The Chicago and China offices of Skidmore, Owings and Merrill (SOM) were named the winner of an international design competition to expand the Beijing Central Business District (CBD). The competition was sponsored by the Chaoyang District Government and the Beijing CBD Administration Committee. Seven teams of the world’s leading urban planners, urban designers and architects were invited to participate. Philip Enquist, FAIA, Partner-in-Charge of Urban Design and Planning for SOM, led this effort.
The SOM plan calls for the establishment of three new districts anchored by signature parks and green boulevards. New modes of public transportation are proposed, including express commuter rail service between the Beijing Capital International Airport, the CBD, and high speed rail service at Beijing South Station. A new streetcar system is proposed to conveniently link all areas of the CBD. A network of small, walkable blocks is proposed to establish a pedestrian-friendly scale for development and every street would be bicycle friendly.
The SOM plan defines new strategies for building municipal infrastructure and high performance buildings. Implementation of the plan could reduce energy consumption within the district by 50%, reduce water consumption by 48%, reduce landfill waste by 80%, and result in a 50% reduction in carbon emissions. Reduction in emissions from office buildings alone would equate to a reduction of 215,000 tons of CO2 per year, which is the equivalent of planting 14 million adult trees.
SOM’s vision for the Beijing CBD provides the framework that will enable China’s capital city to grow as a global center for commerce, yet be a green and ecological setting for healthy life.
SOURCE: www.SOM.com | 10/23/09 – SOM Wins Beijing CBD Competition.
Also watch the video at SOM
RELATED WLA POST: Beijing CBD Expansion plan to be chosen this year
Announcement of Short-List Tenderers and Honorable Mentions (Stage One)
The Short-list Tenderers(3 Entries)
1. Number: 43, Tenderer: Studio Gang Architects / Jeanne Gang Nationality: U.S.A.
2. Number: 45 Tenderer: Reiser + Umemoto RUR Architecture PC / Jesse Reiser Nationality: U.S.A
3. Number: 67, Tenderer: Daniel Gallagher (Office dA) Nationality: U.S.A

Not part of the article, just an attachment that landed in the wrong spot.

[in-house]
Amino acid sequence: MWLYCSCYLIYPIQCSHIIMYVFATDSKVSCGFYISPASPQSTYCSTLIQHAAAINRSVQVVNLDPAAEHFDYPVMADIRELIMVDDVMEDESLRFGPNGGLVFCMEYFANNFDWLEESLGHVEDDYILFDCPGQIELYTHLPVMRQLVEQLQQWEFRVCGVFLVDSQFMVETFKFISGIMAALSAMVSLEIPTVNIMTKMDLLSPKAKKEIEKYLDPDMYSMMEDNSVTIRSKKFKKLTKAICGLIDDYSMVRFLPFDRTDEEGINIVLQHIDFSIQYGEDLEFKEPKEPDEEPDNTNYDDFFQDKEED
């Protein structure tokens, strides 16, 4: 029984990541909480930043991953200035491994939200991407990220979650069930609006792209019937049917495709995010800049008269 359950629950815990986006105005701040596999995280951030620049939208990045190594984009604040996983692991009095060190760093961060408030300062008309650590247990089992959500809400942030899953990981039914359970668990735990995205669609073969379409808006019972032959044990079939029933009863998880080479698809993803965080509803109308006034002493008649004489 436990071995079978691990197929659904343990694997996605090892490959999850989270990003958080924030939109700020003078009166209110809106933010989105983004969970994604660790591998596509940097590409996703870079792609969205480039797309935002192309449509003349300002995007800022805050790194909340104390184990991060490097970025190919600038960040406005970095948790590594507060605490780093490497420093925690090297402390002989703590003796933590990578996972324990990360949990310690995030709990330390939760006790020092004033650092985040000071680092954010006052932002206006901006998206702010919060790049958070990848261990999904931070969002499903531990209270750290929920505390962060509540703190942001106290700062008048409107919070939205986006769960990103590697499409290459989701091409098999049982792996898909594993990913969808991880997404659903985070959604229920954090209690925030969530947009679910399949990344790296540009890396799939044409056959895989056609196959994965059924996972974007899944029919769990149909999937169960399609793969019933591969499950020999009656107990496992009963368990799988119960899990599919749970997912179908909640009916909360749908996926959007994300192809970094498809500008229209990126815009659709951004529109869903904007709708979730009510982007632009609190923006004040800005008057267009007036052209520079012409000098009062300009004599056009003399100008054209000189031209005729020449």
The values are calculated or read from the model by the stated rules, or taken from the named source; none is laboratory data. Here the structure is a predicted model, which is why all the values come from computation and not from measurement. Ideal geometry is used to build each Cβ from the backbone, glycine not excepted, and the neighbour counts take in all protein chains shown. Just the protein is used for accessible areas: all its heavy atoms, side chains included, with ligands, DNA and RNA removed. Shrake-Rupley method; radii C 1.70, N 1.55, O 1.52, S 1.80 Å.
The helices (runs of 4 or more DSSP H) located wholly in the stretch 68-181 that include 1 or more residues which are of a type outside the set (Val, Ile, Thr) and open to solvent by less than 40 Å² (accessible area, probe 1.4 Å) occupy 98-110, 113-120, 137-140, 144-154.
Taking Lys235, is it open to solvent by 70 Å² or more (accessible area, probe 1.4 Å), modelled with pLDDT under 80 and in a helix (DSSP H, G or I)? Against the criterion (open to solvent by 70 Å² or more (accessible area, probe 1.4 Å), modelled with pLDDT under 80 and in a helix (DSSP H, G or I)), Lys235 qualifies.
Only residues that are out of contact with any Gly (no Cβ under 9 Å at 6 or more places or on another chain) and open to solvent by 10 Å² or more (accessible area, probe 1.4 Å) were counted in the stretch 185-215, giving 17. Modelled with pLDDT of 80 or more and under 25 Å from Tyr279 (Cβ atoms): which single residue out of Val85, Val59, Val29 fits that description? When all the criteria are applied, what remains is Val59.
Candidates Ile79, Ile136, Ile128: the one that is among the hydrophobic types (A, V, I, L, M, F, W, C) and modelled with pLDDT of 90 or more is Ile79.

The Honorable Mentions(4 Entries) :
1. Number: 18, Tenderer: Morphosis Architects / Thom Mayne Nationality: U.S.A
Joint Tenderer: J.J. Pan and Partners, Architects & Planners / Chungwei Su Nationality:R.O.C.
2. Number: 92, Tenderer: Toyo Ito (Toyo Ito & Associates, Architects) Nationality: Japan
3. Number: 105, Tenderer: JDS Architects / Julien de Smedt Nationality: Denmark
4. Number: 109, Tenderer: J. M. Lin Architect, P.C. / Jou Min Lin Nationality: U.S.A
Joint Tenderer: The Observer Design Group / Zhenguo Cheng Nationality: R.O.C.
SINGAPORE is taking a unique approach to conserving its biodiversity and is doing well, an expert said yesterday.
Unlike many other countries, it makes its natural biodiversity accessible to the public through nature parks such as Sungei Buloh Wetland Reserve and parks in urban areas, said Harvard physician Aaron Bernstein at the start of the inaugural Asean Conference on Biodiversity yesterday………
Read more @ the [SOURCE: asiaone – Singapore conserving biodiversity well: Expert]
The $4.3 billion Regional Rail Link project has reached another major milestone with the appointment of Kellogg Brown and Root (KBR) and Arup to complete the final planning and geotechnical work before construction starts in 2010.
“Regional Rail Link was Victoria’s highest priority project for action submitted to the Infrastructure Australia and will improve reliability for Geelong, Ballarat and Bendigo V/Line services and free up capacity for more trains on the Werribee, Craigieburn and Sunbury (Sydenham) suburban lines.
[SOURCE eGov monitor – A Policy Dialogue Platform | Promoting Better Governance]
Central Sydney(Newspaper) reports
“The plan is to make Chippendale into an urban farm with food available where we live and work and even growing vines on otherwise hot empty walls,” Mr Mobbs said.
Meanwhile, more than half the land used by Sydney’s market gardens is likely to disappear under developers bulldozers in the next 20 years, a NSW Government report has found.
Read more at the [SOURCE: Central Sydney(Newspaper) – Growers’ markets taking root in inner Sydney]